These companies haven’t eradicated baldness. But they appear to have lessened the stigma around hair loss. The men I spoke with who use these products don’t bemoan their less-than-abundant coifs. While in line at Walt Disney World, one related his balding journey for all his fellow amusement-park lovers to hear. Tyler Wendling, 25, a graphic designer in Owosso, Mich., said he’s used Hims’s products for two years with encouraging consequences and turned his brother onto them: “I showed him the results that I was having and he’s like ‘I need to start this.’”
Shoppers describe ordering these products as a painless experience. “You just go on a website and sign up,” said Mr. Dos Santos. Over-the-counter minoxidil will be shipped to your house in days, no questions asked. Though finasteride is a prescription medication requiring doctor approval, each company offers customers the ease of corresponding with a network of doctors digitally. You fill out a questionnaire, snap some scalp selfies (if required), and if a doctor thinks you need it, they’ll write a prescription which the brand will fill. Andrew Dudum, the founder and CEO of Hims, noted that 70% of the company’s transactions occur on mobile phones.
Digital convenience entices 20- and 30-something men who are used to buying just about everything off Amazon. According to the American Hair Loss Association, two-thirds of American men experience some hair loss by the age of 35, a stat that both Keeps and Hims representatives cited when discussing the customers they’re after.
The brands also propose complementary products: Hims includes a biotin gummy to “strengthen hair” in its “Hair Power Pack,” while Keeps sells a ketoconazole dandruff shampoo. Crucially, the look of all these products diverges from an austere Rogaine sprayer. The handsome packaging means men can shamelessly plop it in their bathroom. Roman’s finasteride bottles are as minimalist as an AirPod case; Hims’s tubes are like a more masculine version of cosmetics brand Glossier’s packaging; and Keep’s cherry-red logo calls to mind Netflix’s. “I could go to a grocery store and get Rogaine, but it’s not really appealing to look at,” said Mr. Wendling, who appreciates the “beautiful packaging” of Hims products.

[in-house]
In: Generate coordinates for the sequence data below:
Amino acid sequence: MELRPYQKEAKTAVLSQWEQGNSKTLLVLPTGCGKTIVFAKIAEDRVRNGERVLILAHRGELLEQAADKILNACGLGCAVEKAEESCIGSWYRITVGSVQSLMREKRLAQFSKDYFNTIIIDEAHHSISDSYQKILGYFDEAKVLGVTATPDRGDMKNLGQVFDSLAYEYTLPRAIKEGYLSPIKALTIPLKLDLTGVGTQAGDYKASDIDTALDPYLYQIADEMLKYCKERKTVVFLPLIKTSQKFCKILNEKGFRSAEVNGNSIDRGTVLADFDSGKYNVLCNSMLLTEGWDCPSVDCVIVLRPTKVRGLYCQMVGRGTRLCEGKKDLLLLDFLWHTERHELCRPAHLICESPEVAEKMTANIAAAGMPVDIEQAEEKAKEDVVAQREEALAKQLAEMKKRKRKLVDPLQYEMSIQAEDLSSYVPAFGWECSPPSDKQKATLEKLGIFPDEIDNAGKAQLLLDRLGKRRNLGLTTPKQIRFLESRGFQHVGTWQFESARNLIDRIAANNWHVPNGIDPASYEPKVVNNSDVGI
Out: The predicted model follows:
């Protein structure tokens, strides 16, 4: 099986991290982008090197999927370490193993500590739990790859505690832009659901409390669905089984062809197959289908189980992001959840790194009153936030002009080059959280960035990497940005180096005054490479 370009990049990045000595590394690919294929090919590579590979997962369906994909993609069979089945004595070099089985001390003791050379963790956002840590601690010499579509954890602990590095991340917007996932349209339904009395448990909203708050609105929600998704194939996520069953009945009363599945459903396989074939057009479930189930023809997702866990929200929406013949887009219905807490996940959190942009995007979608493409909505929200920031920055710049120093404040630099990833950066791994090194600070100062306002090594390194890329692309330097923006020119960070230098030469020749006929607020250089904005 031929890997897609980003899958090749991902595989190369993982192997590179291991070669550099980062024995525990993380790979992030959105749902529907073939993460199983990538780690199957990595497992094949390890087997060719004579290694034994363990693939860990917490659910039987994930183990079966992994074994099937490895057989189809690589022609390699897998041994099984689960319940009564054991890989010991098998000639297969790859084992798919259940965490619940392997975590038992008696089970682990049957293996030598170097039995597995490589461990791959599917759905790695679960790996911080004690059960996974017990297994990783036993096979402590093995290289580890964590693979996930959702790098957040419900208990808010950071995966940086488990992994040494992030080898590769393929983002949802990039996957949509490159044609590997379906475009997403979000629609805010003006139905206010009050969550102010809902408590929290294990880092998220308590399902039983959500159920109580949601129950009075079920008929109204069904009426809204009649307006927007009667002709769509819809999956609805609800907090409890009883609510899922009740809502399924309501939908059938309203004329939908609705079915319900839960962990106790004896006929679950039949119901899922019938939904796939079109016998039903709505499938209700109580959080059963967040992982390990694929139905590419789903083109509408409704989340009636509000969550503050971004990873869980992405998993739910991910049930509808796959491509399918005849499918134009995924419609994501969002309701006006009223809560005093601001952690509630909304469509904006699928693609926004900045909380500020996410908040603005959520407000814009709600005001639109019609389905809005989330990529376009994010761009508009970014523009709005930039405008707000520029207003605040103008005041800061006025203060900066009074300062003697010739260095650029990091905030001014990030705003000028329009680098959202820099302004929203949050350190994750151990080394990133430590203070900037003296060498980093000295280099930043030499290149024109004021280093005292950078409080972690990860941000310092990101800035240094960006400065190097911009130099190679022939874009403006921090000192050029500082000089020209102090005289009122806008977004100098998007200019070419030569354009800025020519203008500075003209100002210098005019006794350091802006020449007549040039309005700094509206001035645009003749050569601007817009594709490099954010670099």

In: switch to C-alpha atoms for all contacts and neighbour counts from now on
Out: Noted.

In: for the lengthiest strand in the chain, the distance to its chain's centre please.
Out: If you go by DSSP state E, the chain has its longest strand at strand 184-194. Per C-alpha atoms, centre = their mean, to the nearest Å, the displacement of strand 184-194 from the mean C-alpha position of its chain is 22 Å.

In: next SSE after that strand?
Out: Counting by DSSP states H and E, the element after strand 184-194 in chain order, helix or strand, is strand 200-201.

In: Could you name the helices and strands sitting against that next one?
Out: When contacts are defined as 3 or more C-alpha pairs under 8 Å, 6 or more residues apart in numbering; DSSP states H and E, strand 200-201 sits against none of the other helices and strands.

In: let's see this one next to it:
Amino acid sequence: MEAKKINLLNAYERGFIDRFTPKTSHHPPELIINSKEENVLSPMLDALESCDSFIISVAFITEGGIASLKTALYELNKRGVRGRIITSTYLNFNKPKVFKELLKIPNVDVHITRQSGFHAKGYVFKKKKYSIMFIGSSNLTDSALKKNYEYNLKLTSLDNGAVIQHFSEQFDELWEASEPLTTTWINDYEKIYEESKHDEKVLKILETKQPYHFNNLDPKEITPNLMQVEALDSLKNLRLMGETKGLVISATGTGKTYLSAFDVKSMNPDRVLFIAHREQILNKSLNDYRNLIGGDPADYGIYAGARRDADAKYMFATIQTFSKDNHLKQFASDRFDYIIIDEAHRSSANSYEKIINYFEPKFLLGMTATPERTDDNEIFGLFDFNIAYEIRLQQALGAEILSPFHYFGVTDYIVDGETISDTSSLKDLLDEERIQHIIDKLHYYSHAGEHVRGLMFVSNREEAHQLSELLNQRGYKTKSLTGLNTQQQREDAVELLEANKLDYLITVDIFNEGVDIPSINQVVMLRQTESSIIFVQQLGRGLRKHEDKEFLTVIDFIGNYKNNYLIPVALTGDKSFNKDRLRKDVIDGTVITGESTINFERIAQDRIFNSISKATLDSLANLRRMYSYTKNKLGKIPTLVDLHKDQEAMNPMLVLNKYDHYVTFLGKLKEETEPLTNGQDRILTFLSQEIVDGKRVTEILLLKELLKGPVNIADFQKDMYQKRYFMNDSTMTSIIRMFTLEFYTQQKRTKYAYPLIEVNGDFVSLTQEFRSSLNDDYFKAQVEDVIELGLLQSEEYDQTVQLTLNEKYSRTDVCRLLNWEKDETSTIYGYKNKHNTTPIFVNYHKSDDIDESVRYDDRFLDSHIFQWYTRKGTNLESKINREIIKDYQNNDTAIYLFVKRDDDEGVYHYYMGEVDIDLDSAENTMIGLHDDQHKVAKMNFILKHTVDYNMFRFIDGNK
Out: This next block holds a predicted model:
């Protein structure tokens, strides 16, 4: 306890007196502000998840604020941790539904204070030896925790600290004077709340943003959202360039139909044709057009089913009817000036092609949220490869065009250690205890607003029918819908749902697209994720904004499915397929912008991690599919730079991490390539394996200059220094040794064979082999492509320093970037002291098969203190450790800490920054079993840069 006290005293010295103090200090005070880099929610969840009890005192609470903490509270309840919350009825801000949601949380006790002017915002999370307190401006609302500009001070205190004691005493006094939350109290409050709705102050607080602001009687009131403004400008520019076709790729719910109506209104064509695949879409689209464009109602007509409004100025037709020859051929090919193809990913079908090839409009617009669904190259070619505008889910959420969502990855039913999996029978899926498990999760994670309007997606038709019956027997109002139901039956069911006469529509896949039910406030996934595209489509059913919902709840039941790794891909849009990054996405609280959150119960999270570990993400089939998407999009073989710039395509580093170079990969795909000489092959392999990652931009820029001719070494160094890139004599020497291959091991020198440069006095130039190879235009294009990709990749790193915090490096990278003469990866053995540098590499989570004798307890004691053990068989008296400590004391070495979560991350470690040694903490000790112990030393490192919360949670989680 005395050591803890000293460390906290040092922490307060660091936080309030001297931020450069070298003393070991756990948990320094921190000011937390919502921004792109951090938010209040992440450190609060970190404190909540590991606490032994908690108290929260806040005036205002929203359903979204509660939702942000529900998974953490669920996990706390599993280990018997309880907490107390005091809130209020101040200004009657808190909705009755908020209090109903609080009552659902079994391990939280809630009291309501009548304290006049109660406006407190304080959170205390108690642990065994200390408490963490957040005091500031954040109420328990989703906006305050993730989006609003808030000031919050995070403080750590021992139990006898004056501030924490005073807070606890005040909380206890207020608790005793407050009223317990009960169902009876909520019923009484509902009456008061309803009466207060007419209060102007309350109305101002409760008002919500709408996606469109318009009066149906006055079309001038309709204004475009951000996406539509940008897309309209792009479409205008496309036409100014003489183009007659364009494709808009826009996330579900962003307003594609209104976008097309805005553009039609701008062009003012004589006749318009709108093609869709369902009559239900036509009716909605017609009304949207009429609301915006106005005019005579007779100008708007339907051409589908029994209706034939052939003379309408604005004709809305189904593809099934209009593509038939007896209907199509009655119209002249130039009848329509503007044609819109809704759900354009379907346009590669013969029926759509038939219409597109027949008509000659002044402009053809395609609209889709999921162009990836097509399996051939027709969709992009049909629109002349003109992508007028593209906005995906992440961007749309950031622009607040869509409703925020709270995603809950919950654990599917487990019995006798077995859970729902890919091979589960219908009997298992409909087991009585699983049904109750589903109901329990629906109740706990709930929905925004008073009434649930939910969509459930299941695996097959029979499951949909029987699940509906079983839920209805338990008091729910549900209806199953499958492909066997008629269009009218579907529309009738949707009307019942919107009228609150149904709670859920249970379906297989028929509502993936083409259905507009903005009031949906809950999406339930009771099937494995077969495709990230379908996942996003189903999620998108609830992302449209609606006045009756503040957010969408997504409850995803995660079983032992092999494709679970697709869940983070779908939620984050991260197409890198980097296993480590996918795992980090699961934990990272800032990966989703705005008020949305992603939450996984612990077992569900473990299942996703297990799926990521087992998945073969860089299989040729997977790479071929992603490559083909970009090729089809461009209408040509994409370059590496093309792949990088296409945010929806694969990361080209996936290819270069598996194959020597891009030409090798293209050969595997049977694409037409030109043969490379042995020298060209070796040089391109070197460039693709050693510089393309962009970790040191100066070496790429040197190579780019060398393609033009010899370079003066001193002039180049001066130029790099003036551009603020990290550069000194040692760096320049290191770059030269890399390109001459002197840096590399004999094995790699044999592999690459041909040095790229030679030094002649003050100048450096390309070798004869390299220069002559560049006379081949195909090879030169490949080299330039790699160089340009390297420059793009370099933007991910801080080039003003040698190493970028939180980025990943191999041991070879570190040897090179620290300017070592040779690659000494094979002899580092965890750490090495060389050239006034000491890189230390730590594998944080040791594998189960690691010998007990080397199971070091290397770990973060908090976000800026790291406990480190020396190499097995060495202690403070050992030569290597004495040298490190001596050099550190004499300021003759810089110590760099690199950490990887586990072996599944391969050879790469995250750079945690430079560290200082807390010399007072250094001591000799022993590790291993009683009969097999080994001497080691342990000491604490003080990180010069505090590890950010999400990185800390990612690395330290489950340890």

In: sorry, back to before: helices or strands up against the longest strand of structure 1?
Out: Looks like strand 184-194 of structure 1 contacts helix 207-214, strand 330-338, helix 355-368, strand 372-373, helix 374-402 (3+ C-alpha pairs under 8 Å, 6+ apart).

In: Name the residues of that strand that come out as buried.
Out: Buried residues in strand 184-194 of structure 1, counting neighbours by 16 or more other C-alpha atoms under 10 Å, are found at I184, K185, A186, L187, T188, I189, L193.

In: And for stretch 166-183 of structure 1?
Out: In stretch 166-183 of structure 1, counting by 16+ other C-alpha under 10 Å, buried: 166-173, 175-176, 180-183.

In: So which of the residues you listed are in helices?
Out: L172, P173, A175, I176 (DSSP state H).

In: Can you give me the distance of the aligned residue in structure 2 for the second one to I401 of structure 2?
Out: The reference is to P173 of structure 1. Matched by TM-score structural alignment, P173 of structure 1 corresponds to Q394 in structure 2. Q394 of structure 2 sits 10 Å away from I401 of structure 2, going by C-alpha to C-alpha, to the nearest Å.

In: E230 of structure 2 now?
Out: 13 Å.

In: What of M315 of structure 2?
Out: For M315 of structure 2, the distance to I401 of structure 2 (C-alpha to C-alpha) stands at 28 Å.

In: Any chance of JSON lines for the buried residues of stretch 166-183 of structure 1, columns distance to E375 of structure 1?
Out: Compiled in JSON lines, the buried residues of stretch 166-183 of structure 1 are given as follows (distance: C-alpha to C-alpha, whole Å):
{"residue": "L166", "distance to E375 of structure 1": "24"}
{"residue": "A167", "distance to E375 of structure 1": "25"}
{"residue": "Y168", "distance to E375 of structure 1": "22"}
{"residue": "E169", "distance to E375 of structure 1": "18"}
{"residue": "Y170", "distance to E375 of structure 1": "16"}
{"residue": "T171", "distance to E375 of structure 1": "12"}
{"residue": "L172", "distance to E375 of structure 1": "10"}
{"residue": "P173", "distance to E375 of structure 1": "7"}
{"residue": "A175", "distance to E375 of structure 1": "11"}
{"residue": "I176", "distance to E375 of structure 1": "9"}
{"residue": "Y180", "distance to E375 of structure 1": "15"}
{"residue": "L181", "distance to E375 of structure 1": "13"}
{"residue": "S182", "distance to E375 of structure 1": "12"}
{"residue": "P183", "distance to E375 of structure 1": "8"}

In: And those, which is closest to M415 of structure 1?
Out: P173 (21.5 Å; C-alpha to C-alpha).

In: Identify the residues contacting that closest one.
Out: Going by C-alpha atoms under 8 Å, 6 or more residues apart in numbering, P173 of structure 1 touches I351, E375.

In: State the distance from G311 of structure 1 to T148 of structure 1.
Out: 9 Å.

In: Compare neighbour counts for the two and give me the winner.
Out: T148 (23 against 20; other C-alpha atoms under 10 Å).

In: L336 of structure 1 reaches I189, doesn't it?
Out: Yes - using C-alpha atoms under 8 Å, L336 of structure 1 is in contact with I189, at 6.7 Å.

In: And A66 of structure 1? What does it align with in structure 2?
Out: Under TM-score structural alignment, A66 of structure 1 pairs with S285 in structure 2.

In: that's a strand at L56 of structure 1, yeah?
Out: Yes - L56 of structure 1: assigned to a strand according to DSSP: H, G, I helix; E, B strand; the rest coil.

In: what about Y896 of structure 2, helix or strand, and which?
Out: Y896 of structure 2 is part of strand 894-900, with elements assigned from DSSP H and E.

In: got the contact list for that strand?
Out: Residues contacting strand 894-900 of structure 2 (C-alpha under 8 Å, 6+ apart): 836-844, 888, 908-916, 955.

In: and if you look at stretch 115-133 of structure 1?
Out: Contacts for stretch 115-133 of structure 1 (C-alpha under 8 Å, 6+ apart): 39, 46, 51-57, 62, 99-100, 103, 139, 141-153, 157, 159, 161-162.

“In the last 20 years [treating hair loss] has become almost as much maintenance as vanity,” explained Dr. Avram, who doesn’t refer patients to any of the aforementioned companies but has observed a decrease in his patients’ fear around hair loss. He summed up their feelings as “I need to watch my diet, I need to get my teeth in good shape and I need my hair to be good too.” (All three companies also sell medicine for erectile dysfunction, another ailment men have long loathed discussing.)